Both birds and sea creatures feed on zebra mussels. An example of a bird that consumes zebra mussels is a seagull; an example of a sea creature that consumes zebra mussels is a crayfish.

Note: Even though humans can eat zebra mussels, experts advise against ingesting zebra mussels.

Cause and History of the Zebra Mussel Invasion

Zebra mussels have become an invasive species due to the journeying of the human race over the past 200 years, and this mussels species has infested 7 countries to date.


There are two main causes for the spread of zebra mussels: recreational boats and ballast water tanks.

  1. 1
    Recreational boats
    Zebra mussels attach themselves to boats. If a recreation boat is not cleaned well, and that boat moves from one body of water to another, it will carry the zebra muscles with it, which introduces zebra mussels to new water sources.
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  2. 2
    Ballast Water Tanks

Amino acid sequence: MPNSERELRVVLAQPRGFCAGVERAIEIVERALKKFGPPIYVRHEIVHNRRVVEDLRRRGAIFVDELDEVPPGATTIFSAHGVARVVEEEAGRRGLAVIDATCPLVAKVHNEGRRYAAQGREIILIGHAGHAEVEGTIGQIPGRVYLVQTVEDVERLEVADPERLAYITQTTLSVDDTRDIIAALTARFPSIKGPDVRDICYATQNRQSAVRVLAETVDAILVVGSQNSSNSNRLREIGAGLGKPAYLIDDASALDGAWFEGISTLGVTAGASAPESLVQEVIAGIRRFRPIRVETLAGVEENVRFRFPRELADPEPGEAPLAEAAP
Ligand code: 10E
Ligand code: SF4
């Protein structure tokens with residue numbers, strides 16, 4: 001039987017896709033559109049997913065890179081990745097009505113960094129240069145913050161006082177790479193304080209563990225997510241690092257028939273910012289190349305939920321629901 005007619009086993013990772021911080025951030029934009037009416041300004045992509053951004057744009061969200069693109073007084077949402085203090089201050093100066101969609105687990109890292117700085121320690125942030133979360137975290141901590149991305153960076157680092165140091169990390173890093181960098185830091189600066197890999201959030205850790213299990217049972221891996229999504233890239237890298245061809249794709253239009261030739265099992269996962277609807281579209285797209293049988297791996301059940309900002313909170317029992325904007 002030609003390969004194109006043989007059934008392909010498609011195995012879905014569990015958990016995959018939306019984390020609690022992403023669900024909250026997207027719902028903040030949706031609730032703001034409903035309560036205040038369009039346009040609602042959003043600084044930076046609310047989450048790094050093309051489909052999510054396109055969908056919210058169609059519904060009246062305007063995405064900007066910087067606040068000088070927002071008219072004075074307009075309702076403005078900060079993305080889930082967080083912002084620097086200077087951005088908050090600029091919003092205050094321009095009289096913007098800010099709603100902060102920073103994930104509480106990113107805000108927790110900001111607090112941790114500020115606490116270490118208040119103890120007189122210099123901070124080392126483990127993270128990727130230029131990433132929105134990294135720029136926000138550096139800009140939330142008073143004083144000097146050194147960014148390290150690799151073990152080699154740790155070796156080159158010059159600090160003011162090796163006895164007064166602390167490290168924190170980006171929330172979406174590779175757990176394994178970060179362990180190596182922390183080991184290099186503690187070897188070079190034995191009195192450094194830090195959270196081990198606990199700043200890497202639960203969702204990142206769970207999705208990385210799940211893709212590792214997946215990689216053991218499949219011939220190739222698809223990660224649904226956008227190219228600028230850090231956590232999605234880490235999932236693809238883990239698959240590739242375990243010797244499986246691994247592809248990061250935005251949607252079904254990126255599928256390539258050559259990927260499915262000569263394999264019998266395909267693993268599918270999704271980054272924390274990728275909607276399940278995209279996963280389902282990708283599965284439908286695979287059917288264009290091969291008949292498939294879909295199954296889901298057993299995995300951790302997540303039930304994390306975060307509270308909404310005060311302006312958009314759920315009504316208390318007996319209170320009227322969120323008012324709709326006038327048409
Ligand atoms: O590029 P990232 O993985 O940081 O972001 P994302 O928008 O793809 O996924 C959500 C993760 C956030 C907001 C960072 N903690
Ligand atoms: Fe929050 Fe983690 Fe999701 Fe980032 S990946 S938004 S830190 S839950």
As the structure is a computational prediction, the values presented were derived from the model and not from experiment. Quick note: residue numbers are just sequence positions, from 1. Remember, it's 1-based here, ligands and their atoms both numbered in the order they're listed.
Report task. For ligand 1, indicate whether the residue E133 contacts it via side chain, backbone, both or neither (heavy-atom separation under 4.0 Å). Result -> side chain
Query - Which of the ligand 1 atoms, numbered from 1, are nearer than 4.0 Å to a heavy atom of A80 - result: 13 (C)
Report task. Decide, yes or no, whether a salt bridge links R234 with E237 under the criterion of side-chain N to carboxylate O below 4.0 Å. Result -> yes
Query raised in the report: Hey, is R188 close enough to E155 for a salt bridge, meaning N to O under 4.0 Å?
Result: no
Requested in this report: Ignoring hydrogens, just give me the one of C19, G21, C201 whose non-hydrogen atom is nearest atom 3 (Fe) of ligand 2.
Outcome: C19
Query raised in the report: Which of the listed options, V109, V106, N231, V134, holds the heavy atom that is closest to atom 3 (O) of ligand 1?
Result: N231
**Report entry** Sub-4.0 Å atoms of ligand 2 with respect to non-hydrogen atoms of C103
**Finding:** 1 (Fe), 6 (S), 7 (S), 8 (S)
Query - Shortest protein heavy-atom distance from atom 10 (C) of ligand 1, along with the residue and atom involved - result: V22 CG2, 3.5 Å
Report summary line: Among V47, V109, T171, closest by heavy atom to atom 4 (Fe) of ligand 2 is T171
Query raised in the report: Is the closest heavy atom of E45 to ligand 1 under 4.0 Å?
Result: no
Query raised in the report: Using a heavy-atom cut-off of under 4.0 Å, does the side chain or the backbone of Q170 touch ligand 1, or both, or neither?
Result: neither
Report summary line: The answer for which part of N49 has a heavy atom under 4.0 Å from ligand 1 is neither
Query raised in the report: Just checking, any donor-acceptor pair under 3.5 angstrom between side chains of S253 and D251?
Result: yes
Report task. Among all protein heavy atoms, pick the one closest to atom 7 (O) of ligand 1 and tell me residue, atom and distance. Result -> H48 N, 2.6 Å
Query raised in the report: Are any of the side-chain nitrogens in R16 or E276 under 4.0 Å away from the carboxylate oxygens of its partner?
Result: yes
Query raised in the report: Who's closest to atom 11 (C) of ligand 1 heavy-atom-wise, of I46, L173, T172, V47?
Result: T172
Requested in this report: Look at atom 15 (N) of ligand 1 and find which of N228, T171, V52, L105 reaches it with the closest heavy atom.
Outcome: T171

When a ship crosses the ocean, it may carry ballast water within it. Ballast water is either fresh or salt water contained inside tanks on a ship in order to help balance that ship when it is low on cargo. After the ship arrives at its destination and loads up new cargo, it empties the ballast water tanks, mixing water from one location with water in another location.
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Here is a list of the countries and areas zebra mussels have invaded. The years of invasion are included.

  • Great Britain, 1824.
  • The Netherlands, 1827.
  • The Czech Republic, 1893.
  • Sweden, 1920.
  • Italy, 1973.
  • The Great Lakes of North America,1988.
  • The United States of America, 2008.

Harm from Zebra Mussels

Zebra mussels not only harm organisms within the ecosystems they are introduced to but also harm objects, such as boats, within their new environments. Below is a list of the damage zebra mussels are capable of inflicting.

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  1. 1
    Zebra mussels can gather in clusters and plug pipes, screens and other water intake systems.
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  2. 2
    This mussel species has sharp shells and can cover recreational areas, such as docks and beaches, which can result in people slicing their feet.
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  3. 3